webOS was first launched on the original Palm Pre back in 2009, taking over from the outdated Palm OS, but since then hasn’t exactly made great inroads into the rest of the market, and the latest figures suggest that Microsoft’s Windows Phone 7 is already closing in on parity with webOS, which was obviously part of the recent takeover of Palm by HP.
It’s this takeover, however, which seems to have sparked webOS into life again, making the headlines and capturing the imagination of potential smartphone buyers. But what exactly is it that has injected this enthusiasm for webOS back into the market?
Well it’s simple: the HP TouchPad tablet. The TouchPad, in case you hadn’t heard, is HP/Palm’s tablet. But it’s more than that; it’s a signal of intent, and it’s given webOS a sense of direction that from the outside looking in, is the right direction. It was also the obvious direction, along with almost every other smartphone/pc manufacturer who are all descending on the tablet world.
What’s more, though, is that it’s given webOS a sense of structure, and it’s creating the ecosystem of devices, that remain in-sync, which is so desperate sought after by the consumer. Not forgetting of course, that the TouchPad might just well be the best looking tablet announced so far.
Along with the announcement of the TouchPad came a pair of new smartphones, too, the HP Pre 3 and the Veer, the latter being the smaller sibling. This is an interesting topic for debate as to which you would opt for in conjunction with your iPad, but the Veer is arriving first to snatch some of the early consumers on a presumable cheap deal and introduce them to webOS. Which is fair enough.
What I think is great about that, is the Veer is essentially being used as a marketing tool for the masses. And I think what’s got me excited more than anything else about webOS is the approach HP is taking to get it out there into the public eye. It’s an incredibly difficult, and unforgiving, market to break into without the publicity and marketing that iOS and Android devices are subject to these days, and HP is probably one of the only companies in a position to push a product so hard. It’s evident in the news that webOS is coming to PC’s at some point this year or next, that HP’s sole intention right now is to get webOS into the public domain, and get it recognised by non-geeks, who never heard of Palm, the Pré or the Pixi in days gone by.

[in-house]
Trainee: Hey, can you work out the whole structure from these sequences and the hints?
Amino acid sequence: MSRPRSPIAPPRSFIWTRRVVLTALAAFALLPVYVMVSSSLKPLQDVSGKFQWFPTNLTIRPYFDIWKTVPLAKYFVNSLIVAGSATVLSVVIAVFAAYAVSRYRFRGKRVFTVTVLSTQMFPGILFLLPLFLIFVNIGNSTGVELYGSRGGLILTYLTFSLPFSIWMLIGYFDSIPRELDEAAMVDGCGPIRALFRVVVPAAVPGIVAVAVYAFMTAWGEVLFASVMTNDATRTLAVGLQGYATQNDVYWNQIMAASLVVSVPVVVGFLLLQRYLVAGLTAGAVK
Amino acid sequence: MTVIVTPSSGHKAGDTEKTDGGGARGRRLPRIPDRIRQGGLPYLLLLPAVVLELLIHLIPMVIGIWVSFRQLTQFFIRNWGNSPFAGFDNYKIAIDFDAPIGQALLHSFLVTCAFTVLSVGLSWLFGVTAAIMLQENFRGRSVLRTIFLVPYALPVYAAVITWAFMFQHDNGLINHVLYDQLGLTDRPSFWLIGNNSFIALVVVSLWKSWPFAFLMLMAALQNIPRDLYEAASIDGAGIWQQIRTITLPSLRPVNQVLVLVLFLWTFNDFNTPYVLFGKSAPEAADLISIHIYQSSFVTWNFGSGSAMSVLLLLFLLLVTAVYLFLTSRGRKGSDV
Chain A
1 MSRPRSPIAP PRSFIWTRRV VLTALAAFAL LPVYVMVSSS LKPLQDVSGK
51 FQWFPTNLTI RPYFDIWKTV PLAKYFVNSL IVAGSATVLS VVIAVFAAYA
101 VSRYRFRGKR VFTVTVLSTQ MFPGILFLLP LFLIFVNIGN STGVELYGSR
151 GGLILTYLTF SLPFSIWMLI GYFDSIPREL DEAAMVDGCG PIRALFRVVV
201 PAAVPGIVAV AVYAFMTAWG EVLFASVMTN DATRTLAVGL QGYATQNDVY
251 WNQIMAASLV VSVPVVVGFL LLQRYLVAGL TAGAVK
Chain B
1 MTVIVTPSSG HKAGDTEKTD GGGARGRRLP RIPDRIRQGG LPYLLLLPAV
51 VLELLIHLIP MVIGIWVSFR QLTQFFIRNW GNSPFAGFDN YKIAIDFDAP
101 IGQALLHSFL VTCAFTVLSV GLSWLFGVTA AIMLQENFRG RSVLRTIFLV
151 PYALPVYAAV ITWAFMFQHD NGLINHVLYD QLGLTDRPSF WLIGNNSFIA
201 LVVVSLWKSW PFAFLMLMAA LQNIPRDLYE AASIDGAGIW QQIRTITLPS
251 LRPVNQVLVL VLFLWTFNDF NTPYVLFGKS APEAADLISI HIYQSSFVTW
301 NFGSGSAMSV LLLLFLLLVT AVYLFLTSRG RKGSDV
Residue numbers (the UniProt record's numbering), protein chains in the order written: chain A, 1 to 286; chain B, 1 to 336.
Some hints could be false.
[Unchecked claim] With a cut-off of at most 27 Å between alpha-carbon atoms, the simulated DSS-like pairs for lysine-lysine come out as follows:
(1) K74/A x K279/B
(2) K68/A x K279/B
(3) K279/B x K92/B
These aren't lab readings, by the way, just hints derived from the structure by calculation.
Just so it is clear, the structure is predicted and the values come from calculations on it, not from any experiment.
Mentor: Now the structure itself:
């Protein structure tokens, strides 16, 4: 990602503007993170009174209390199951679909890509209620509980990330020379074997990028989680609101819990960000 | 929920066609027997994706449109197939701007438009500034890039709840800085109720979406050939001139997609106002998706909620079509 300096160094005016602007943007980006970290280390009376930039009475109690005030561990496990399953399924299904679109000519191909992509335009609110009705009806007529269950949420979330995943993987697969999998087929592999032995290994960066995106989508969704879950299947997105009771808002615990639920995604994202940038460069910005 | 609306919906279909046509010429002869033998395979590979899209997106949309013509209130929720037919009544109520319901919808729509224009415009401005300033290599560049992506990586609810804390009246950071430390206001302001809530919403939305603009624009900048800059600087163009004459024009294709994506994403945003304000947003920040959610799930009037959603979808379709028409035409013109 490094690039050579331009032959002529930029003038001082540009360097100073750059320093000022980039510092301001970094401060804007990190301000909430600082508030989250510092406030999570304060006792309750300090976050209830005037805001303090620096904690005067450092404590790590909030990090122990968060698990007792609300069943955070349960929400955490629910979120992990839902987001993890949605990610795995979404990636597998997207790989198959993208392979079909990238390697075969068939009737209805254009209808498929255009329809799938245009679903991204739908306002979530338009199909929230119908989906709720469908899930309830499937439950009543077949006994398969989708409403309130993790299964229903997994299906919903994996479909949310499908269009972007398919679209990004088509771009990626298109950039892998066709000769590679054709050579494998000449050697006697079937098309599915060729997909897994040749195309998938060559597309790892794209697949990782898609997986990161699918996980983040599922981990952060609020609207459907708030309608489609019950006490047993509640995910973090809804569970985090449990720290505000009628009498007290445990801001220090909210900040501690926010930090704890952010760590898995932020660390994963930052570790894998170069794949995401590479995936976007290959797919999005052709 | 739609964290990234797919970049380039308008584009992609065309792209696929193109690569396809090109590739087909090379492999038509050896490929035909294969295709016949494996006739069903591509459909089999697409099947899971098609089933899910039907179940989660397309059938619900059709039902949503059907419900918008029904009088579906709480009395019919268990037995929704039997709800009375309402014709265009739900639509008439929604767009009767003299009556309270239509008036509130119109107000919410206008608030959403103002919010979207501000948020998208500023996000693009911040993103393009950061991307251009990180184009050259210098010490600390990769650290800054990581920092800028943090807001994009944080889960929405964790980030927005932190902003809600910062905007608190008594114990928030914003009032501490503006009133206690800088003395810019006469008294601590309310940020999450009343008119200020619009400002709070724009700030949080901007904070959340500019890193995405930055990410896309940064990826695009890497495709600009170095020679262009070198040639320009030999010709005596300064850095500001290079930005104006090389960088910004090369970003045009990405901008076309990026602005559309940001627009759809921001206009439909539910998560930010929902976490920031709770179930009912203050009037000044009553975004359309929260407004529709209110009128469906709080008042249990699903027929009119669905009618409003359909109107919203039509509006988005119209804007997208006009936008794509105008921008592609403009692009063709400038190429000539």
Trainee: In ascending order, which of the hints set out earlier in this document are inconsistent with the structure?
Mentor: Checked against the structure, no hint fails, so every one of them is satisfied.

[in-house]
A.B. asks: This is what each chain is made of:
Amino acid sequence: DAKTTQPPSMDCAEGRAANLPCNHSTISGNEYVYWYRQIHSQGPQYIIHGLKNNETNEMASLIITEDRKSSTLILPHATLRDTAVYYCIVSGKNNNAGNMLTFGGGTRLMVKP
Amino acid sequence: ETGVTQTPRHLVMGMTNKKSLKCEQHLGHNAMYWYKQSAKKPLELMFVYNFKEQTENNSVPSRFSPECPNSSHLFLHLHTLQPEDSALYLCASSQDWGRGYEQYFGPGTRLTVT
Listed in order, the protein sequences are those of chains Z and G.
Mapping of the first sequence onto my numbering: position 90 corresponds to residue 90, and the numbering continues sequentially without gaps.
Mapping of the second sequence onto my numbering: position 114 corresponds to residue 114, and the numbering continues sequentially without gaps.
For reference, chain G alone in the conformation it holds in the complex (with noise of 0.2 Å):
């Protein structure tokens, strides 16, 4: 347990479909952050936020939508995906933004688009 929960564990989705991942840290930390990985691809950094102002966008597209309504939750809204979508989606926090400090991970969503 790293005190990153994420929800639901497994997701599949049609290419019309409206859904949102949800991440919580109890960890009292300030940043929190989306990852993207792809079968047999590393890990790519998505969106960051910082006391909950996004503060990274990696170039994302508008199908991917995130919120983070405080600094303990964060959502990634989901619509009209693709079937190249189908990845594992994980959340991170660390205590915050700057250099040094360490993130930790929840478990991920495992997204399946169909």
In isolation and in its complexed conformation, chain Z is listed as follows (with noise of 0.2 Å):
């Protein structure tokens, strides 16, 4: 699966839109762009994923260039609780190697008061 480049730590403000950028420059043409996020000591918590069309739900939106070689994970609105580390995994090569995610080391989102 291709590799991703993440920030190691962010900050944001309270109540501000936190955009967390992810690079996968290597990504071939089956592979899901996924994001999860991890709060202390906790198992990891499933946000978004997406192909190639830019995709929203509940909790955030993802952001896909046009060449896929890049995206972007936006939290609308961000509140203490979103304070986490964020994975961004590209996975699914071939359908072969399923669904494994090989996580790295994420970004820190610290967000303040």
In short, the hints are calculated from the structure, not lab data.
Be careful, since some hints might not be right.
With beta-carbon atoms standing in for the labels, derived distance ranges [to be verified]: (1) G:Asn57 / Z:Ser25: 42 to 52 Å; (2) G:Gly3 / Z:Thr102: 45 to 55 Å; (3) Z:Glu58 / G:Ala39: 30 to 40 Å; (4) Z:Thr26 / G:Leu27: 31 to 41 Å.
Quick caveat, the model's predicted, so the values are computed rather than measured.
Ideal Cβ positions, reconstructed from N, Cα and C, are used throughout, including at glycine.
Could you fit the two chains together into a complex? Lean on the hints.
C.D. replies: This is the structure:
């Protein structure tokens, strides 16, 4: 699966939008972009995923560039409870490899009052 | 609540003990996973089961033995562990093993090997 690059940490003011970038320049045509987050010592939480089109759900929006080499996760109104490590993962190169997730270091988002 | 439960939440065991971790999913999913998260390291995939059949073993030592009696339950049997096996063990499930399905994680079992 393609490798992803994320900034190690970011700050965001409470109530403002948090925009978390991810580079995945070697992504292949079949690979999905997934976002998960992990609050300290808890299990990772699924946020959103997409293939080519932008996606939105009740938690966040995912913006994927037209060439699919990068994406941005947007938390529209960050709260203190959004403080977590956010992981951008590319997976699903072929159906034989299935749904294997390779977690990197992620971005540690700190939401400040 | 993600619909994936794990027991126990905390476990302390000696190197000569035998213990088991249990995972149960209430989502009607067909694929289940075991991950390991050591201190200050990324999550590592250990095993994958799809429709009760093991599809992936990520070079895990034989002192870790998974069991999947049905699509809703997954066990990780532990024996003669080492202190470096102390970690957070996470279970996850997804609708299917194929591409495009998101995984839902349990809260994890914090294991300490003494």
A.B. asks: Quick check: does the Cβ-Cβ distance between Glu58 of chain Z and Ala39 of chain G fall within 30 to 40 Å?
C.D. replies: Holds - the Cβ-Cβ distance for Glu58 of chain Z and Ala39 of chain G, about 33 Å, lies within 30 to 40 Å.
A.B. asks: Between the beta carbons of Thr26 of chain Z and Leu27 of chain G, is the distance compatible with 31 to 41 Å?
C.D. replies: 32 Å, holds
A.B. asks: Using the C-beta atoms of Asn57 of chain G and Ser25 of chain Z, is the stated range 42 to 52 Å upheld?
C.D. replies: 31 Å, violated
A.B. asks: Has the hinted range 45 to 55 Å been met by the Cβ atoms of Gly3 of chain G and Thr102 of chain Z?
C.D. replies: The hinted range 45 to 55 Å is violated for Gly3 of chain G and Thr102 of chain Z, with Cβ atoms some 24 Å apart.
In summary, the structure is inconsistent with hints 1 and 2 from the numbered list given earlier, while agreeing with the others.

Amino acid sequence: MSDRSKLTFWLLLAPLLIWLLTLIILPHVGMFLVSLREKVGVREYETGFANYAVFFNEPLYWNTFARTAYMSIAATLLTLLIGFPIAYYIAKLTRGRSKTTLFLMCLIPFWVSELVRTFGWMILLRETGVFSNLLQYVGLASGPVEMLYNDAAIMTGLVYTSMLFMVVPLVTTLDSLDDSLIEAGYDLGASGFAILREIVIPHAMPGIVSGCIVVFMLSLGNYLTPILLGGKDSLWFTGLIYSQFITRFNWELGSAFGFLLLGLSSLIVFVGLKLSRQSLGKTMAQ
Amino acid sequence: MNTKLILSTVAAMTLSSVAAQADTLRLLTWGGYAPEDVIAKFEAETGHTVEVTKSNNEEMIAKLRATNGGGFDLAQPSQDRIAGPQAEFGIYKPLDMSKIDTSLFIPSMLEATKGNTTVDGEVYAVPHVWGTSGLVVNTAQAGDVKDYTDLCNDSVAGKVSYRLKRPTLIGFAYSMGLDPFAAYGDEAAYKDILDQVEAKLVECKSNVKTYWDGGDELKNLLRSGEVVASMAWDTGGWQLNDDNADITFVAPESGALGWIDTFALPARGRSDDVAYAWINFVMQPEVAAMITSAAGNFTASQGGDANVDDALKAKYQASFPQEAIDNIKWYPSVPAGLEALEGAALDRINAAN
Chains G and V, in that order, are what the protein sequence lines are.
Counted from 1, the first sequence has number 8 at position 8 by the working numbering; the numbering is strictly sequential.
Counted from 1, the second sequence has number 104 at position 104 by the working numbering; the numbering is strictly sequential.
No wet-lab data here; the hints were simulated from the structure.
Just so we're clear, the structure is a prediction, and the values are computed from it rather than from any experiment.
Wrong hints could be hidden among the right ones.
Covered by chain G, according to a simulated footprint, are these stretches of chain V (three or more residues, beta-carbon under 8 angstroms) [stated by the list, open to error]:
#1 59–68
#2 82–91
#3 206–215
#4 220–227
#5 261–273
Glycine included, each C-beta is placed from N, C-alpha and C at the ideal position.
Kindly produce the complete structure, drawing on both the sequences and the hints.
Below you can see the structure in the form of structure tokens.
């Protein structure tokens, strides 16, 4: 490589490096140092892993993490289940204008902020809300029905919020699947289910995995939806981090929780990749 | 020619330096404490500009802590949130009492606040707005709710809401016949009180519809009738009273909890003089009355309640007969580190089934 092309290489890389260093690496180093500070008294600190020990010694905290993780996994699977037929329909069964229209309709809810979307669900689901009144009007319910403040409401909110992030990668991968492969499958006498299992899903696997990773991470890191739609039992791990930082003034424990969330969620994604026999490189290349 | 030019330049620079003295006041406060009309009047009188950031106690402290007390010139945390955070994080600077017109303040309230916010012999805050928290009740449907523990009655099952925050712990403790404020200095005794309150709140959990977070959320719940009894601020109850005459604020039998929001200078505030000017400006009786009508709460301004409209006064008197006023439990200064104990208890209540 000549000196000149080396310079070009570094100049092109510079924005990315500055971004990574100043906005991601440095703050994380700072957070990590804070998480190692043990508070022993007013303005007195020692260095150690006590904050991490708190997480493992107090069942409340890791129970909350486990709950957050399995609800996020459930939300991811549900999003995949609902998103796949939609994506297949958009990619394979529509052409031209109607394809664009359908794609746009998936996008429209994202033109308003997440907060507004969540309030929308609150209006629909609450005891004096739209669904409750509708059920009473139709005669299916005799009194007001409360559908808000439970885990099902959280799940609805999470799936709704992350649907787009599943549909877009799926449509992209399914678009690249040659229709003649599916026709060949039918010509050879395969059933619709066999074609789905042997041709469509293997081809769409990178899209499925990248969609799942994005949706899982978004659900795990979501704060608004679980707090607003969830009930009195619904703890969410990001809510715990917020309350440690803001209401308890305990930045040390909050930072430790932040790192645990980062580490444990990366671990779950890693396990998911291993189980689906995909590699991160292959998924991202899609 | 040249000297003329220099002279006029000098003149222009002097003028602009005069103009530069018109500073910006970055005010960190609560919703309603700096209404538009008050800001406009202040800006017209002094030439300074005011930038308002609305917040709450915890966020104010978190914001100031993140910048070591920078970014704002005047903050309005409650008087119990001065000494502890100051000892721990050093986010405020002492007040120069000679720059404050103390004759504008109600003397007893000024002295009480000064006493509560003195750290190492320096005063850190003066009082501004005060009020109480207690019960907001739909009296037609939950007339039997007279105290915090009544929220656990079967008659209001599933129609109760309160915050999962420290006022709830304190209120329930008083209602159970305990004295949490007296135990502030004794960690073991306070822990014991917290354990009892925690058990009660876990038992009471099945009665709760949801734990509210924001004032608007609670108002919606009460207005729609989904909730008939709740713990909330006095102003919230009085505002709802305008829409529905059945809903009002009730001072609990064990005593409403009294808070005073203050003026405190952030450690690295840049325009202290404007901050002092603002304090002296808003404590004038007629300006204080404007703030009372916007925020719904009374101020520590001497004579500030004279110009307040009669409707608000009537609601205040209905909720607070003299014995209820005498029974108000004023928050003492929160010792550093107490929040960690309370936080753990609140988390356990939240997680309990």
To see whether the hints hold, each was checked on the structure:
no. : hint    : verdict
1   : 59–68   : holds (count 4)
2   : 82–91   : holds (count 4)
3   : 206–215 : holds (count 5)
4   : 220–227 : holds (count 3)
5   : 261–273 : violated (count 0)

Obviously I’ve no idea how the implementation onto PC’s will work, and how they will go about it, but that is really besides the point. It doesn’t have to be super-functional or revolutionary to catch the eye of the millions who will buy a new HP PC next year, as they are the the single biggest PC vendor in the world right now, and shoving webOS onto each and every one of them is sure to do that.
It’s all about familiarity. That’s the answer. When you look at iOS, you’re almost immediately familiar with it, and if not then it only takes a minute to pick it up, it’s so intuitive. So what HP is desperately trying to do is to get the every day consumer to know about webOS, and then it can start eroding the market share of the dominant forces. It’s what Google and manufacturers did to get Android noticed – flood the market with devices – but for a closed ecosystem that might not be quite as easy, as one device is pretty much the same as the next.
However, we are hearing repeated rumours of where webOS will end up, and it’s looking as though smartphones, tablets, netbooks, PC’s and even printers will be subject to its magic. It has some amazing features that should not be ignored, and as an OS, its position and slice of the market truly does not reflect its quality. Certainly the biggest hurdle that HP faces though with webOS, is attracting the third party developer support that’s elusiveness has plagued webOS and strangled its growth right from the start.